Village from childhood survives challenges, now a model city

Cabezas

I once lived in a lovely village on a hill. I moved away a long time ago, but that place returns to me like a never- ending movie of countless images.

The village stood on the top of a steep bluff and offered long views of the area below. At the summit, the Catholic church resembled a small cathedral and its services were devoutly well-attended. The school and the rectory boasted well-kept lawns and the schoolyard was happily noisy.

A short walk took us to the path leading down to the river, and a stately bridge, designed especially for pedestrian traffic, connected our village to a larger one with department stores and scurrying shoppers.

In the heat of summer, teenagers climbed on the girders of the bridge and jumped into the water. Swimming dangerously close to the oncoming ferries and other boats only added to the fun. The snowy weather transformed the streets into a winter wonderland as we skated and sledded the days away.

I moved to the village when I was 10. My father had gotten a new job there and assured us that we would soon meet new people and forget about the old place. He was right. Our new home welcomed us with a warm embrace.

We quickly acquainted ourselves with the main street, which led to the school and church. The street had a toy store, delicatessen, bakery, grocery store and candy store-which sold newspapers, cigarettes, soda and candy.

Two twin brothers, one a doctor and the other a dentist, had their offices nearby and made house calls for $5.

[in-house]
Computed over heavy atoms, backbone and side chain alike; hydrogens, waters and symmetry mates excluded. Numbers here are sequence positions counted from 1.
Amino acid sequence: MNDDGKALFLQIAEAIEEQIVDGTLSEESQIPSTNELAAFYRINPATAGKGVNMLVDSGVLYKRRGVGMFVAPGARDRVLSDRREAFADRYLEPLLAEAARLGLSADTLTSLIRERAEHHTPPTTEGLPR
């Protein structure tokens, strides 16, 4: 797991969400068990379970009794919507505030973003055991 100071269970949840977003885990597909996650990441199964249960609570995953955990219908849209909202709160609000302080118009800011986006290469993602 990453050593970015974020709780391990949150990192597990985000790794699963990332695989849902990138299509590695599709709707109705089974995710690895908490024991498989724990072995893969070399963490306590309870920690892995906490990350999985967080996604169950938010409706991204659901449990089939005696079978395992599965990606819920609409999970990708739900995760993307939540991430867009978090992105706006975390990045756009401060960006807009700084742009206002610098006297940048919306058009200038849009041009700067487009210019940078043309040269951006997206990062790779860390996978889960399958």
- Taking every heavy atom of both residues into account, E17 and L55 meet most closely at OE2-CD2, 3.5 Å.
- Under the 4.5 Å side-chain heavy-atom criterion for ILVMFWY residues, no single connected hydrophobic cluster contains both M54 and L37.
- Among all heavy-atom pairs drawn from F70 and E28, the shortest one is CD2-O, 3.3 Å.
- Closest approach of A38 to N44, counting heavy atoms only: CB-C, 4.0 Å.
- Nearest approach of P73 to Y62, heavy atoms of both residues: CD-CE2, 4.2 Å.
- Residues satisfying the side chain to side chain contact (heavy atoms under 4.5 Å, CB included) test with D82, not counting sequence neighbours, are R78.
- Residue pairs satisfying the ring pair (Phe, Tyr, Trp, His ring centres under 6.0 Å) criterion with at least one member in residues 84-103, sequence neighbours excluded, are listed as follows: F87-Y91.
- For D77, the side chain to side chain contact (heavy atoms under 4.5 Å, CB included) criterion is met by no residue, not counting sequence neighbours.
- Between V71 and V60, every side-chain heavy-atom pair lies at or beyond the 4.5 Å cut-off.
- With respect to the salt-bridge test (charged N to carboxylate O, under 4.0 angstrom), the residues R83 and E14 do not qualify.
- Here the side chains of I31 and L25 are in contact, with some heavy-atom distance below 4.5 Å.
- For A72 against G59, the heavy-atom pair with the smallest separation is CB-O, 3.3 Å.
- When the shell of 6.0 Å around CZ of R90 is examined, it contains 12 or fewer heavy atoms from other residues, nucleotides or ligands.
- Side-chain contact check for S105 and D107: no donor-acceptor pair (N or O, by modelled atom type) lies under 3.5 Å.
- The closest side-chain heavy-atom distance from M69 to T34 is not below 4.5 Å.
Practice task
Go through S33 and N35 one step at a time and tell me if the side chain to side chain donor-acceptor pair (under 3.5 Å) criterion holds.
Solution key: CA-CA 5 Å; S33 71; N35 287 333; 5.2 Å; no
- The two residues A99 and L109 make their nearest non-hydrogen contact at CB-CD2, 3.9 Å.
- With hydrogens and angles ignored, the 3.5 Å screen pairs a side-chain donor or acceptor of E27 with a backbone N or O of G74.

The stores along the main street dressed themselves up for Christmas, but the toy store had the best lights and big display window.

My mother’s aunt and her family hosted boisterous Sunday evening gatherings complete with sing-alongs and “special” guests.

Outside the church, there was a small triangular-shaped park. One day the village was abuzz with the news that a famous politician, one who might run for president-would have a rally there.

We couldn’t contain our excitement at being “up close and personal”with the candidate as he gave his impassioned speech from the back seat of his convertible.

Our favorite game was handball. We were serious players and spent countless hours in the courts. We used the larger pink ball and the older men wore gloves and played with the smaller hard black ball.

At exactly 6 p.m., the bells chimed in the tower on the other side of the river and we marched home dutifully for dinner with our families.

We usually avoided being out at night, but I can recall my friend Janice summoning me one evening to come hear a new record. At first, my mother said no but relented with my promise for a brief visit. I can still remember my “wild run” on that cold night, and my rewards for coming over: some food and an exotic wallet purchased abroad by Janice’s well-traveled father.

Harmony and peace reigned in our village for many years. Then an “ill wind”suddenly swept in as new arrivals clashed with the original residents, and many abandoned their homes for other pastures. The village became dangerous as drug dealers, robbers and arsonists almost destroyed it.

Only a few people were brave enough not to flee, including an elderly woman named Antonia and a young parish priest. They joined forces with others and a miracle occurred: The village survived and prospered again.

The schools are thriving, gardens are replacing the rubble of torn-down buildings and community activists of all creeds and colors are breathing new life into a place that refused to die.

My village on the hill is now a model for the city. Yes, this community is not in a bucolic, rural area but is the neighborhood of Highbridge, The Bronx, in the heart of New York City.

Mary Cabezas is a retired Spanish professor at The Citadel. She lives in Mount Pleasant.